Onionhead Religion Allegedly Forced on NY Workers

A New York company reportedly forced employees to become "Onionheads." That's the latest in a line of companies accused of pushing religion on workers.

In a bizarre twist on religious rights in the workplace, a New York insurance firm allegedly forced its employees to following the teachings of a fictional onion and tell their bosses, "I love you." 

The Equal Employment Opportunity Commission is suing United Health Programs of America, Inc. for allegedly compelling its employees to be "Onionheads," a movement started by a relative of the company's founder.

In what sounds like a cult atmosphere, workers reportedly had to wear Onionhead buttons, display Onionhead cards, burn candles, pray and tell managers and colleagues, "I love you." Workers who didn't were fired, the EEOC charges.

The so-called religion is part of a nonprofit group that vows (in all Comic Sans, no less) to use emotional awareness to rid the world of its problems. As for Onionhead, his motto is apparently "peel it, feel it, heel it" and the fictional onion "wants everyone to know how they feel and then know what to do with those feelings."

The EEOC knows how it feels: Employers can't force religious practices on workers.

Normally religious discrimination cases involve a worker's rights to, say, wear a head scarf or not work on the Sabbath. But sometimes cases flip around:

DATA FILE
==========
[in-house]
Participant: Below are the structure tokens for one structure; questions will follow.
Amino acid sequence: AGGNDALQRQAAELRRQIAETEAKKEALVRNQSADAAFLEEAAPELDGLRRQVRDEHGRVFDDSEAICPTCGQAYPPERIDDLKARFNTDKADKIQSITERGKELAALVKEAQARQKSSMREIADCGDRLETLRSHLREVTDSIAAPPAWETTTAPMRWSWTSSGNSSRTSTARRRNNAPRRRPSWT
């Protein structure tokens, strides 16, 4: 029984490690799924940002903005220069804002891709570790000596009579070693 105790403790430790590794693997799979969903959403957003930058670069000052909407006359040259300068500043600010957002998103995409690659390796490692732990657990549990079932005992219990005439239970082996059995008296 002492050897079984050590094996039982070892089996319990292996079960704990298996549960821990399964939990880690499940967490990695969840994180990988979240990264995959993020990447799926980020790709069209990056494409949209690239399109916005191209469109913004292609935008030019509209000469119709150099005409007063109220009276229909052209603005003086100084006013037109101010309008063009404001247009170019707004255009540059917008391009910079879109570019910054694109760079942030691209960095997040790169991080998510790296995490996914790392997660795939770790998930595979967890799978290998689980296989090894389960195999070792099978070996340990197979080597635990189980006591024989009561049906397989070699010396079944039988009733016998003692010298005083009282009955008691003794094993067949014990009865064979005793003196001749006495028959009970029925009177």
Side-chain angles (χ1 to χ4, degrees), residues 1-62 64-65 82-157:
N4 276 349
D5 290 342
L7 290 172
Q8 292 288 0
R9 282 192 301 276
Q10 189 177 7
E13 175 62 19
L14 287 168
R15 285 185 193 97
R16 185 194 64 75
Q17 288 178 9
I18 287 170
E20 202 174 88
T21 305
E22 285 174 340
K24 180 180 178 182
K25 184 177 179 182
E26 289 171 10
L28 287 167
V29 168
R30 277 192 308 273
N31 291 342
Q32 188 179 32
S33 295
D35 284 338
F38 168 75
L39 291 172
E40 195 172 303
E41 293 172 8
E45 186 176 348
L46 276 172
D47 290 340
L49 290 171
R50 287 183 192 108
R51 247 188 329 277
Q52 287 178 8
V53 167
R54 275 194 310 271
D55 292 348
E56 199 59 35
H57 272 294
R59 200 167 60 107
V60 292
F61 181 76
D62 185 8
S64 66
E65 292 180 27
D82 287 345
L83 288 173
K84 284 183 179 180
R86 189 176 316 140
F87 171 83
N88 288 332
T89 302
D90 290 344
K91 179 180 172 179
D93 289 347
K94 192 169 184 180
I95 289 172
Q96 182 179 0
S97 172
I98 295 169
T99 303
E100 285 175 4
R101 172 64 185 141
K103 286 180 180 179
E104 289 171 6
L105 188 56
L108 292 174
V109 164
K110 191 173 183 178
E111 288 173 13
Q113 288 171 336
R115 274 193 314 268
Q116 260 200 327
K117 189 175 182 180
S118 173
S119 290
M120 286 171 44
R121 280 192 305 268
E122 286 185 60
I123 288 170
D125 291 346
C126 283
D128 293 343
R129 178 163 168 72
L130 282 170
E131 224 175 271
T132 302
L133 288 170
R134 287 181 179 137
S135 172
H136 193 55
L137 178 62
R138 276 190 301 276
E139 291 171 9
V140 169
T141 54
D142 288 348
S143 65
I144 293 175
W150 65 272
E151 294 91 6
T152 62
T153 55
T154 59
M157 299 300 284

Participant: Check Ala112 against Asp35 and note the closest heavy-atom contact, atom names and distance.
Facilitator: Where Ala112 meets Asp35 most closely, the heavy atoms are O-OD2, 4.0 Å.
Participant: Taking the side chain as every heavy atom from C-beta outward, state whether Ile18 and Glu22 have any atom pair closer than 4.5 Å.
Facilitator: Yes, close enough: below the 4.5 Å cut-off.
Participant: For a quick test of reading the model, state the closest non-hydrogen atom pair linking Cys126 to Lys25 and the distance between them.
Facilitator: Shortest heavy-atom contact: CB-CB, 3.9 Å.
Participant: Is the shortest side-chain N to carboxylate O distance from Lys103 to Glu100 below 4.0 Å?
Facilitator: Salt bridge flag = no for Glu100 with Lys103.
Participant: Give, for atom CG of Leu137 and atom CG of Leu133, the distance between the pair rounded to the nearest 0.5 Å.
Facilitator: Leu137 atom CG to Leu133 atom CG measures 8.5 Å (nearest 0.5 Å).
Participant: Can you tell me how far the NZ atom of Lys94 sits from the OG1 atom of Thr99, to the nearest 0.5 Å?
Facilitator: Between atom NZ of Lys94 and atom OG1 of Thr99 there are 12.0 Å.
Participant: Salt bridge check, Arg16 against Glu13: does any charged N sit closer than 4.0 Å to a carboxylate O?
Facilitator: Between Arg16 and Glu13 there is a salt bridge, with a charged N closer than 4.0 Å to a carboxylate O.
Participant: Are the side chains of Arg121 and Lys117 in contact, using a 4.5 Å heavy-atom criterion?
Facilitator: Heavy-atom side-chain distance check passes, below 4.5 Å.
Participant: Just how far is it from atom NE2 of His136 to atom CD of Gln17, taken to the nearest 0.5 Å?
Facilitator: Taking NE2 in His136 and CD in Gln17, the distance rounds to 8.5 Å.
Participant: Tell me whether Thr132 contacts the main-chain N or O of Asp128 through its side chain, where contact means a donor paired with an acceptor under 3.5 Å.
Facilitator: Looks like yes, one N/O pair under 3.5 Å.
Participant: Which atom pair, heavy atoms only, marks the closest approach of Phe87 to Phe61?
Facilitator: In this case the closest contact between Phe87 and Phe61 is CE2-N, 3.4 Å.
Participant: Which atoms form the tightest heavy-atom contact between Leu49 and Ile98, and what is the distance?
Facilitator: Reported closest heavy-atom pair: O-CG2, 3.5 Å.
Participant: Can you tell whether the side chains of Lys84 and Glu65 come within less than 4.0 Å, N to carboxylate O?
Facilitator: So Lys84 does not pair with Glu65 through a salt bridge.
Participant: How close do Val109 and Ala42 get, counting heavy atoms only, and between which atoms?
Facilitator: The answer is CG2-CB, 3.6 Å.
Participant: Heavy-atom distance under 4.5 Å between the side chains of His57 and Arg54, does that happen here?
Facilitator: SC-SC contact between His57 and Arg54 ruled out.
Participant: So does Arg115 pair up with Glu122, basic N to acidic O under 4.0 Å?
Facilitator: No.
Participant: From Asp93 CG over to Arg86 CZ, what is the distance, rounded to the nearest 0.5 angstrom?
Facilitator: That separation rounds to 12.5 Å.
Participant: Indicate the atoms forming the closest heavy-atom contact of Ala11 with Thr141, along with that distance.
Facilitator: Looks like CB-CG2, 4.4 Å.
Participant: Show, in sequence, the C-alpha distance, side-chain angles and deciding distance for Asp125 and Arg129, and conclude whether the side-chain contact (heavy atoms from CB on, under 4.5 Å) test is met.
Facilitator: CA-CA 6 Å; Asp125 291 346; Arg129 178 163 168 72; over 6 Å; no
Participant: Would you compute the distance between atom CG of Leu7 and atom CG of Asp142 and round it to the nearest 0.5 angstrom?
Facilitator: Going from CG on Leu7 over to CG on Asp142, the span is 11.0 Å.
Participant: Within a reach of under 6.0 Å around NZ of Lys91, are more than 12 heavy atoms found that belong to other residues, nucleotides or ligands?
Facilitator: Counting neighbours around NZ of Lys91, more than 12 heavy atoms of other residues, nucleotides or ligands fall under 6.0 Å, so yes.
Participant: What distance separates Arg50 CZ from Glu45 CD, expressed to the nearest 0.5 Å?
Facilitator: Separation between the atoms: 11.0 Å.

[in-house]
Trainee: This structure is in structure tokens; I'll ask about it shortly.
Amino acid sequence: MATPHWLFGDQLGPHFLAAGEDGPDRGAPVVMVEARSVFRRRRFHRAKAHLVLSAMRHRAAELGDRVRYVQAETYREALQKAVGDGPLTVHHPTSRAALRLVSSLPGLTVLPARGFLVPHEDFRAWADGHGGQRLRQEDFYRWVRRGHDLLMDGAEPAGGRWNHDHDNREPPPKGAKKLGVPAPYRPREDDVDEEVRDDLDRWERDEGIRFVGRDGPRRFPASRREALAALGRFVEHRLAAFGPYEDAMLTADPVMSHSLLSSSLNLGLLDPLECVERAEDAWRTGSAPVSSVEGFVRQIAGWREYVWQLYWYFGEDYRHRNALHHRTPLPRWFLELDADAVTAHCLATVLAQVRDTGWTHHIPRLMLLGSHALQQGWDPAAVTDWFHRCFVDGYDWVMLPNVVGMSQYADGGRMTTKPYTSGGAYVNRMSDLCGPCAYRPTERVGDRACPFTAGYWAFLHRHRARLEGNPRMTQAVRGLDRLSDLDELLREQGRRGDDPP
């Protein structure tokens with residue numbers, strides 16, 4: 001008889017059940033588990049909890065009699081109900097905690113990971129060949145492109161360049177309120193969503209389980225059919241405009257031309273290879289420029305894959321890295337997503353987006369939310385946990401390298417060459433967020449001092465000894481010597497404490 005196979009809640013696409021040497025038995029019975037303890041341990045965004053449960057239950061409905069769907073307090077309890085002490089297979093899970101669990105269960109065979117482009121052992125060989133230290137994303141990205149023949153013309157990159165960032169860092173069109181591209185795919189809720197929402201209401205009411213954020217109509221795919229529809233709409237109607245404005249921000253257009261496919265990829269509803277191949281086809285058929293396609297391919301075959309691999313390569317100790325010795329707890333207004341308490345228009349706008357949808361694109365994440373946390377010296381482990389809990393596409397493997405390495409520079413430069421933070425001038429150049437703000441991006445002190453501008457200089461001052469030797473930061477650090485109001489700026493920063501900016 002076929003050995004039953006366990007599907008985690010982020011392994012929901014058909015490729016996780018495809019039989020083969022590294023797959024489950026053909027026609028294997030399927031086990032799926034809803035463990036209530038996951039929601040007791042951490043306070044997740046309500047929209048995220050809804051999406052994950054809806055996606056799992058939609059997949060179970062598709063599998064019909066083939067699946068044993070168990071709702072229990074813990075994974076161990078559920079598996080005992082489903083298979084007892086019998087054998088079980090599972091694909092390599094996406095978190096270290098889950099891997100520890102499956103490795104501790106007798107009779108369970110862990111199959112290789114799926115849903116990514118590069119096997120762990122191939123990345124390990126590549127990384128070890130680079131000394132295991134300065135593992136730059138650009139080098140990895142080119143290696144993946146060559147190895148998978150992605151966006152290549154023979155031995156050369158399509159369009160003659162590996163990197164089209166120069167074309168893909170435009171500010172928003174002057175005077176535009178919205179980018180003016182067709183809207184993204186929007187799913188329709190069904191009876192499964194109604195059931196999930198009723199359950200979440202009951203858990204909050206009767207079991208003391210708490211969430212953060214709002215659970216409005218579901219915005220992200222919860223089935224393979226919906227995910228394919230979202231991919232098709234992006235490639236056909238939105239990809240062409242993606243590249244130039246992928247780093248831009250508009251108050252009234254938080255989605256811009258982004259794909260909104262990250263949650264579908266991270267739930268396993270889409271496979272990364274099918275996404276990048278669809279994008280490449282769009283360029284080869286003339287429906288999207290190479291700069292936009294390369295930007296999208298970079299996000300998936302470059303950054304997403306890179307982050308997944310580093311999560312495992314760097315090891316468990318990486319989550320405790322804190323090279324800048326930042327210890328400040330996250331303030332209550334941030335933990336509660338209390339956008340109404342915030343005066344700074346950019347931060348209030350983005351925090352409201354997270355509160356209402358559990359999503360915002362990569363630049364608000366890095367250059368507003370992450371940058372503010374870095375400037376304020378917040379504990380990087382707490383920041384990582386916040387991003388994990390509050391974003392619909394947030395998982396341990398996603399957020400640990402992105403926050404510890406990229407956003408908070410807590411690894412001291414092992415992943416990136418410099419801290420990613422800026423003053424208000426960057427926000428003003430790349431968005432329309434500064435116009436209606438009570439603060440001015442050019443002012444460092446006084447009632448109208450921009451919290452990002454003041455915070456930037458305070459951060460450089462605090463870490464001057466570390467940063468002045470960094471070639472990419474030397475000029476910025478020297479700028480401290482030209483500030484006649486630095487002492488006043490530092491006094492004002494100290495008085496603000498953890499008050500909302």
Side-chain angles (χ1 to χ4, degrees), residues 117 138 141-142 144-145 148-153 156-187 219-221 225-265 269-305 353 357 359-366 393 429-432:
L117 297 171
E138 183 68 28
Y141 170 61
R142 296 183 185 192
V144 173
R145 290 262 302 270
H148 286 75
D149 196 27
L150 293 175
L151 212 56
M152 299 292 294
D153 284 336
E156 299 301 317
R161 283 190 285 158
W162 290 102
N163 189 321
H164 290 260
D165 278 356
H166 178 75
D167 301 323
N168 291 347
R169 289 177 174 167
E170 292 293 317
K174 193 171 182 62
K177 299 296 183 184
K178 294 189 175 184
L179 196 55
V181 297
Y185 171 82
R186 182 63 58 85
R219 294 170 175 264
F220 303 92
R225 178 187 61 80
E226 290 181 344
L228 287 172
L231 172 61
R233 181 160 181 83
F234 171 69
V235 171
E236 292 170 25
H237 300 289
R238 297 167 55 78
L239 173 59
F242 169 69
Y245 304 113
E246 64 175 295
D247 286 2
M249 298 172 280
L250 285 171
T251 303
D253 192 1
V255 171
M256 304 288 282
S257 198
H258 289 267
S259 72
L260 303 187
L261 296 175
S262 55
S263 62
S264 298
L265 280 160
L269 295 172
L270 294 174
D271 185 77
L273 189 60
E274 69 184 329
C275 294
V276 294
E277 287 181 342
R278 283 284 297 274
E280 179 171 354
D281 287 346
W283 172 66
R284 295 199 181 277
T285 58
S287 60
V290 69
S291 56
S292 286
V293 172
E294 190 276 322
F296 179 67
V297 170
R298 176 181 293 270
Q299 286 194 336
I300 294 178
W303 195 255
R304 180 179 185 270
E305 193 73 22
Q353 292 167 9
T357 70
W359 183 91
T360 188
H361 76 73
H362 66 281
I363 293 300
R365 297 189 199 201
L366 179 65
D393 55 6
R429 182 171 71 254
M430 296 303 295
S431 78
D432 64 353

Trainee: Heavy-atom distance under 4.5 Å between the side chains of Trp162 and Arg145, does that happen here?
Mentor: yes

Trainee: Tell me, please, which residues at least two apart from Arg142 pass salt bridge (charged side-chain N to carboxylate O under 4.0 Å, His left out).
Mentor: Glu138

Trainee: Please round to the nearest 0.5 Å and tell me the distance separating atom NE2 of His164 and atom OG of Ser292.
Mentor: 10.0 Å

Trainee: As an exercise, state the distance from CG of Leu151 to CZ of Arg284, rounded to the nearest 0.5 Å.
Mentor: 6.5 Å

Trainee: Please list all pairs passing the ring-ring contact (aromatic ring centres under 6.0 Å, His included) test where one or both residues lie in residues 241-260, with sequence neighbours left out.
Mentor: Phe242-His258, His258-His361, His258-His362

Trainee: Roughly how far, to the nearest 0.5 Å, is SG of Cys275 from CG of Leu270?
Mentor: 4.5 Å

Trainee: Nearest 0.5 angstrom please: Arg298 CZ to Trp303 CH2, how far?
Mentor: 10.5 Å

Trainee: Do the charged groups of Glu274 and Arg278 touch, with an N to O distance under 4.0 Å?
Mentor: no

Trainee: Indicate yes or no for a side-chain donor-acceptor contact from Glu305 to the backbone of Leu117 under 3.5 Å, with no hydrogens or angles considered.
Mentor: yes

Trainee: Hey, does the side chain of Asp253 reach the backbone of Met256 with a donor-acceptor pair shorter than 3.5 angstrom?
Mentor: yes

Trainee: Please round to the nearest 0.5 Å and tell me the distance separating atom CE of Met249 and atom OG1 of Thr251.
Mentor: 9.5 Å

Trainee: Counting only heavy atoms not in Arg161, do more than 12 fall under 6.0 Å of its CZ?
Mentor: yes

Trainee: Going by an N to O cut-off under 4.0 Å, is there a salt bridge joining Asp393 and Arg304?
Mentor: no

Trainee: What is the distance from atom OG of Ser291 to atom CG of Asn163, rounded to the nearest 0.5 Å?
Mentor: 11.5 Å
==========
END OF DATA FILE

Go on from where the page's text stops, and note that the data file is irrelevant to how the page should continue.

Screaming At Ashtrays

A Miami company paid $170,000 to settle a case of employees forced to practice Scientology. In what can't have been a good move for the firm's finances, workers at Dynamic Medical Services, Inc. had to spend half of their days in Scientology coursework. 

That coursework involved "screaming at ashtrays or starting at someone for eight hours without moving." 

One employee was even "audited," a Scientology practice of hooking up people to an "e-meter" and asking them probing personal questions.

Pray Away The Gay

A lesbian in New York was victorious after suing her boss for holding prayer meetings targeted at saving the woman's soul.

Chef Mirella Salemi was awarded $1.6 million for Edward Globokar's reportedly regular practice of forcing employee prayer meetings. Many of the prayers were said to point out Salemi's sexual orientation and ask for her salvation. 

The world's best boss also told other employees they'd go to hell if they didn't share his religious beliefs. 

Prayers for Paychecks

Oak Tree Inn in Yuma, Ariz. had to pony up $75,000 after a manager there threatened to cut workers' hours if they didn't participate in prayers. Even employees who were religious weren't good enough -- the inn manager said they had to participate in very specific prayer ceremonies and mocked employees for alternative religious beliefs. 

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